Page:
Silicon carbide flattens out

June 1, 2001
The first high-volume maker of a reliable low-cost, blue-emitting laser diode will reap vast rewards. Such a device would inevitably become the standard laser in next-generation digital versatile disc (DVD) data-storage devices, increasing DVD storage density by more than a factor of two.
(Photo courtesy of NASA)
The surface of a polished, commercial silicon carbide (SiC) mesa on a wafer is uneven, providing many opportunities for defects to form in a subsequently grown gallium nitride layer (left). An epitaxial flattening technique developed by NASA researchers causes only lateral growth of SiC, moving the edges of atomic layers off the mesa and leaving a step-free surface (right).
The surface of a polished, commercial silicon carbide (SiC) mesa on a wafer is uneven, providing many opportunities for defects to form in a subsequently grown gallium nitride layer (left). An epitaxial flattening technique developed by NASA researchers causes only lateral growth of SiC, moving the edges of atomic layers off the mesa and leaving a step-free surface (right).

The first high-volume maker of a reliable low-cost, blue-emitting laser diode will reap vast rewards. Such a device would inevitably become the standard laser in next-generation digital versatile disc (DVD) data-storage devices, increasing DVD storage density by more than a factor of two. The only existing producer of blue-emitting gallium nitride (GaN)-based diodes, Nichia Corp. (Tokushima, Japan), can make long-lived (10,000-hr specified lifetime) GaN lasers, but can't make them inexpensively. The Nichia laser has thus found application mainly in spectroscopy, computer-to-plate setters, and other niche uses.

The Nichia devices are fabricated by growing GaN-based layers on a sapphire substrate; the company has developed processes, portions of which remain undisclosed, for making long-lasting lasers. A second approach pioneered by Cree (Durham, NC) entails growing the same sorts of layers, but on a silicon carbide (SiC) substrate; Cree is in the process of developing its own bag of tricks to lengthen device lifetime and raise output power. The use of SiC as a substrate results in an intrinsic increase in power handling and reliability as a result of the material's high thermal conductivity, according to Cree.

Gallium nitride-based laser diodes are expensive in part because tiny defects in the GaN material, which hinder the lasers' operation, are hard to eliminate in manufacture. With all its qualities as a good substrate, SiC itself can, however, induce defects in GaN.1 This occurs because commercial SiC wafers are covered with steps, typically one to eight atoms high, despite careful polishing by their manufacturers. The steps, which are simply the result of a slight but unavoidable tilt of the polished wafer surface with respect to the crystal's basal plane, act as nucleation sites for defects in GaN layers subsequently grown on the surface.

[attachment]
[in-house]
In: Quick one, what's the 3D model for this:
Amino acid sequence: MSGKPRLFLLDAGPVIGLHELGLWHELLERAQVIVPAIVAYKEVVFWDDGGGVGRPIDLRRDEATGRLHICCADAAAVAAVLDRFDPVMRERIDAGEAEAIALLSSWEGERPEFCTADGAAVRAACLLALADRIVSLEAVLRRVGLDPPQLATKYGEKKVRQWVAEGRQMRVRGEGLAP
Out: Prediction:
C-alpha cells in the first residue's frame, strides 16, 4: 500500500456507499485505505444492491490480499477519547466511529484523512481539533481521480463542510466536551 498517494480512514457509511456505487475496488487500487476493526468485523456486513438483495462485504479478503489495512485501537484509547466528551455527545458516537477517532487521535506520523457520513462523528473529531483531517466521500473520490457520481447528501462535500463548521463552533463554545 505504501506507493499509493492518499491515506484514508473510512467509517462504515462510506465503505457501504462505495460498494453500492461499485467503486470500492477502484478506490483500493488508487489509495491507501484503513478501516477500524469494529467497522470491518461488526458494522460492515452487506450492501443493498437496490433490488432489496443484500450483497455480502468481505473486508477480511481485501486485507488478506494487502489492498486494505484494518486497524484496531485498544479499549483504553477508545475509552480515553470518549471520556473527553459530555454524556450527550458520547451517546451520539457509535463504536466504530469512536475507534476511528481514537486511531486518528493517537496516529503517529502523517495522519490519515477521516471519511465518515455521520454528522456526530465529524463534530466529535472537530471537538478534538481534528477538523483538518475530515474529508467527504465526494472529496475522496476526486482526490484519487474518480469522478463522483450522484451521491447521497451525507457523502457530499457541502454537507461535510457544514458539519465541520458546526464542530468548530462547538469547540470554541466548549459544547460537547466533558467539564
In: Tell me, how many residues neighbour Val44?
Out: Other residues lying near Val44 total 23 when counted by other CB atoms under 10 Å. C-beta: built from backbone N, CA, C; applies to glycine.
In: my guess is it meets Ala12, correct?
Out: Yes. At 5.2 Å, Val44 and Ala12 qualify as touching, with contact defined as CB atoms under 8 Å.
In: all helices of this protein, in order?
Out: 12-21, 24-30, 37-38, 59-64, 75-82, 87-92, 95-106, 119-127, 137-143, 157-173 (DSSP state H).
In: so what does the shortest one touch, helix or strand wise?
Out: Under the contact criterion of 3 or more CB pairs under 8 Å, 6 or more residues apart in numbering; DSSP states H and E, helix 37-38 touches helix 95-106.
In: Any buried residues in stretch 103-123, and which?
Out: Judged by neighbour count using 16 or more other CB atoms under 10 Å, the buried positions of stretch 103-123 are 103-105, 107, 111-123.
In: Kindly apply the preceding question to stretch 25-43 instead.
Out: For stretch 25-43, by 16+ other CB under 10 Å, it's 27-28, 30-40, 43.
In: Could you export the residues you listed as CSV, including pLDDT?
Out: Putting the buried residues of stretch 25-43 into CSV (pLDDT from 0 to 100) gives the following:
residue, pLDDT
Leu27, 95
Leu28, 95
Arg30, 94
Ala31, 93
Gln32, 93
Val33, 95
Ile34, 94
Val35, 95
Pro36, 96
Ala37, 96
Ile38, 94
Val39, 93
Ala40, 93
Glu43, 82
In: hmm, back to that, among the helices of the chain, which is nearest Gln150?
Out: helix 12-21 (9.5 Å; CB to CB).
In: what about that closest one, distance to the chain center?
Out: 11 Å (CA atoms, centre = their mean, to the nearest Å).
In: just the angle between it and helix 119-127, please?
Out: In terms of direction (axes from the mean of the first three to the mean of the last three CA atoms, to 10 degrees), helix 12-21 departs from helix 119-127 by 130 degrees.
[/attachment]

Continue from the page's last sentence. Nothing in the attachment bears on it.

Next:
Researchers at the NASA Glenn Research Center (Cleveland, OH) have solved the step problem by developing a method of growing atomically flat surfaces on device-sized SiC mesas on wafers (see figure).2 They flatten ordinary stepped SiC surfaces by epitaxially growing more of the material, but under controlled conditions that limit crystal growth to the sides, or "risers," of the steps. The steps grow sideways until they reach the edge of the mesa, leaving a surface without a single step even one atom high.

Screw dislocations

The wafers themselves do not have perfect crystalline qualities. In particular, screw dislocationsor areas of helical atomic layeringare scattered throughout the wafer, according to Tony Powell, a senior research physicist at NASA Glenn. The NASA process cannot even out screw dislocations. By making many mesas on a wafer, there will be a fraction of mesas without screw dislocations, and thus amenable to being made atomically flat. For 100 x 100-µm mesas, the yield is greater than 50%, while even 400 x 400-µm mesas can yield some atomically flat units, says Powell. Wafer quality has everything to do with yield. "As crystals improve, we expect the yield [of atomically flat mesas] to go up," says Powell.

In standard integrated circuit (IC) manufacture, the potential ICs on a silicon wafer are examined at different manufacturing steps, and the bad sites marked for rejection. A similar process could be used in the making of flat SiC mesas for GaN-based devices, notes Powell. Screw dislocations result in the growth of tapered hillocks that are visible under an optical (Nomarski) microscope, permitting automated determination and rejection of bad sites.

The NASA group is interested in collaborating with outside institutions such as universities and commercial companies to grow actual GaN-based devices, including laser diodes. The group's technology could someday drive down the cost of GaN laser diodes in two ways: not only could the resulting devices be made at high yield and thus less expensively, but the ensuing competition between the devices' maker and Nichia could conceivably drive prices far below the current cost of thousands of dollars per laser.

REFERENCES

  1. S. Tanaka, R. S. Kern, and R. F. Davis, Appl. Phys. Lett. 66, 37 (1995).
  2. J. Anthony Powell et al., Appl. Phys. Lett. 77, 1449 (2000).
About the Author

John Wallace | Senior Technical Editor (1998-2022)

John Wallace was with Laser Focus World for nearly 25 years, retiring in late June 2022. He obtained a bachelor's degree in mechanical engineering and physics at Rutgers University and a master's in optical engineering at the University of Rochester. Before becoming an editor, John worked as an engineer at RCA, Exxon, Eastman Kodak, and GCA Corporation.

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